United States and Australia Dodge Kyoto Bullet

Contact for Interviews:     <?xml:namespace prefix = o ns = “urn:schemas-microsoft-com:office:office” />

Richard Morrison, 202.331.2273



<?xml:namespace prefix = st1 ns = “urn:schemas-microsoft-com:office:smarttags” />Washington, D.C., February 14, 2004—The Competitive Enterprise Institute congratulates the United States and Australia for their leadership in refusing to ratify the fatally flawed and potentially disastrous Kyoto Protocol climate treaty, which is scheduled to enter into force internationally on Wednesday.


The United Nations’ Kyoto Protocol will require 35 industrialized nations to reduce emissions of carbon dioxide and other greenhouse gases by an average of 5 percent below 1990 levels by 2008 to 2012.  Full compliance will have no measurable effect on future temperatures according to scientists who nonetheless support the treaty.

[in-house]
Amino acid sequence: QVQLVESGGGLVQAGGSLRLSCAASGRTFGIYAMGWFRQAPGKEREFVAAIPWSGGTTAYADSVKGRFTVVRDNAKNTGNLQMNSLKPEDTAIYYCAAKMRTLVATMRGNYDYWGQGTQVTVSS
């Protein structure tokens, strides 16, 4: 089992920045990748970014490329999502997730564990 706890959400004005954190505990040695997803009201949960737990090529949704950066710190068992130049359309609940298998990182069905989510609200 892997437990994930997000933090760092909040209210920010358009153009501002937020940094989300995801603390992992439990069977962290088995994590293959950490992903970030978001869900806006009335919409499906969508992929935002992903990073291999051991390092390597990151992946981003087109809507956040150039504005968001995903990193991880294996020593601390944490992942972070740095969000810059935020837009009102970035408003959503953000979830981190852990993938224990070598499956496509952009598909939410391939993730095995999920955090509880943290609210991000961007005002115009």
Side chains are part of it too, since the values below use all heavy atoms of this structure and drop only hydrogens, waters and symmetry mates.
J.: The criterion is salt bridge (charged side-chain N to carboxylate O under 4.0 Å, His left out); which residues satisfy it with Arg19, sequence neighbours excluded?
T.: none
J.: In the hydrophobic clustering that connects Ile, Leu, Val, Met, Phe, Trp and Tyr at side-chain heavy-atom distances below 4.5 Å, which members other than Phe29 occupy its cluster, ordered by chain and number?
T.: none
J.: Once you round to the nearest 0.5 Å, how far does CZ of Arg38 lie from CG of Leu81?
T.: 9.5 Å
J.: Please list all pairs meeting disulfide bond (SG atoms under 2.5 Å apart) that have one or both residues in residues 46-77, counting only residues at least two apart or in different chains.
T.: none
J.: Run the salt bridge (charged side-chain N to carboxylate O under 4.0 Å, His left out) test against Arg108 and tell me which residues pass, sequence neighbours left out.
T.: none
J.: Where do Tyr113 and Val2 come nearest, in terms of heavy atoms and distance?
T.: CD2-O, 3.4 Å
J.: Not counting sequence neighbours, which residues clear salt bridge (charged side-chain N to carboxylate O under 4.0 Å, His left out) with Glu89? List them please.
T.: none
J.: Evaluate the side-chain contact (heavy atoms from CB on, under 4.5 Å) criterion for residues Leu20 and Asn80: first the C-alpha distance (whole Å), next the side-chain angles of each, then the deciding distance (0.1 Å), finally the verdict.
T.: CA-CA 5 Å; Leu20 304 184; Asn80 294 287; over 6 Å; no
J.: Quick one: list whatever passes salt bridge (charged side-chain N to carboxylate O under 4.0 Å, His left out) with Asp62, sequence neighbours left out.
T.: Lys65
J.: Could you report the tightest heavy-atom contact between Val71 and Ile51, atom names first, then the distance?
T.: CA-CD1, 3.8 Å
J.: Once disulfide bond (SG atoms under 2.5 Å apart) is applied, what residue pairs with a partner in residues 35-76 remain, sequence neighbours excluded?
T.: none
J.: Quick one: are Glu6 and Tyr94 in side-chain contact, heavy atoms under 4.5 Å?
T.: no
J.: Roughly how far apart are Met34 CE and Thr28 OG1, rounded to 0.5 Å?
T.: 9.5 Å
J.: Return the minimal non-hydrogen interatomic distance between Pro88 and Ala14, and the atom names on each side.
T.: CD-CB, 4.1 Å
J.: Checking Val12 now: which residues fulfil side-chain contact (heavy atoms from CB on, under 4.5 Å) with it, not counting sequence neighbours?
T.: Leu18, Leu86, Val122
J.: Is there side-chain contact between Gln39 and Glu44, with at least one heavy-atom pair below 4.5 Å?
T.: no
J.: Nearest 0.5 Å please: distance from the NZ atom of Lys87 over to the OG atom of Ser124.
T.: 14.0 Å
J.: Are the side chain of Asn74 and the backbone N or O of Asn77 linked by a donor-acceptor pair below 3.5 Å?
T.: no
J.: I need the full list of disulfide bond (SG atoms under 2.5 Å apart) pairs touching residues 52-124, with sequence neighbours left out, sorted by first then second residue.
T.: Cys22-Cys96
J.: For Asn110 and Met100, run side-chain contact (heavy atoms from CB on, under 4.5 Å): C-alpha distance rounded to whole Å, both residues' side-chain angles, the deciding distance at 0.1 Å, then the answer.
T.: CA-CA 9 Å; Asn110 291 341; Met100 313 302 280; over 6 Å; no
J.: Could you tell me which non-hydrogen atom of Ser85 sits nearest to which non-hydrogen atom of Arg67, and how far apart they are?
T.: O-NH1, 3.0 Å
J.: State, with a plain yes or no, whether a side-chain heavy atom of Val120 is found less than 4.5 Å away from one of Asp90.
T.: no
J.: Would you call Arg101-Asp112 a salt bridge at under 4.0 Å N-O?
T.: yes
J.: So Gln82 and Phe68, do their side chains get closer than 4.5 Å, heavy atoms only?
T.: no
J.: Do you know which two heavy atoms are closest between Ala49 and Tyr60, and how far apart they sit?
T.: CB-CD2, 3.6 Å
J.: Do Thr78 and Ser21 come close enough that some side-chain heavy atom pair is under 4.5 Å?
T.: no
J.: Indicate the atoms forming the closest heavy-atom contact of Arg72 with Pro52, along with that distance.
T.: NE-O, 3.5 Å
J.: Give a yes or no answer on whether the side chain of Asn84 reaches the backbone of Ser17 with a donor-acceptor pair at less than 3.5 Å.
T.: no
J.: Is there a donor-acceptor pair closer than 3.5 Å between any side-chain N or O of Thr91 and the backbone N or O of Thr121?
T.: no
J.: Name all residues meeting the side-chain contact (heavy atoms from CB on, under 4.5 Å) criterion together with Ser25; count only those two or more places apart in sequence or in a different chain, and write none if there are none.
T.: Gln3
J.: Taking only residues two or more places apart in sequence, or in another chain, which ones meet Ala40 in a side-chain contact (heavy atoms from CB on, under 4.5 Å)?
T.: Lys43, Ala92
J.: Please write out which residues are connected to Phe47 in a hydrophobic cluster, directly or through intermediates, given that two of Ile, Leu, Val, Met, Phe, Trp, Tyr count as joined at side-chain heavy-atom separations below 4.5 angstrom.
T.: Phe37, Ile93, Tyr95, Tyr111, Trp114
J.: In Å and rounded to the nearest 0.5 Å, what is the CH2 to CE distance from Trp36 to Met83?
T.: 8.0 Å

“The Kyoto Protocol has been sold as a first step in addressing climate change, but it is a step in the wrong direction.  The costs of the policies required by Kyoto will far outweigh any potential benefits,” said Director of Global Warming and International Environmental Policy Myron Ebell. “President Bush and Prime Minister Howard are to be congratulated for leading the way to a brighter future based on technological innovation.”


“In the European Union, Japan, and Canada, the reality that Kyoto is a dead end and cannot possibly work is already beginning to set in.  We can only hope that they will be able to jump off the Kyoto bandwagon before too much economic damage has been done,” Ebell continued.  “Because they have refused to sign on to the energy rationing required by Kyoto, Americans and Australians will be wealthier, healthier, and therefore better able to deal with future environmental challenges, whatever their cause.”


“India, China, and other major developing nations have come to agree with the Bush Administration that even if global warming does turn out to be a problem, then the only workable solution will be long-term technological transformation of the global energy sector.  Now we need to work on expanding that consensus to include the EU and Japan,” Ebell concluded.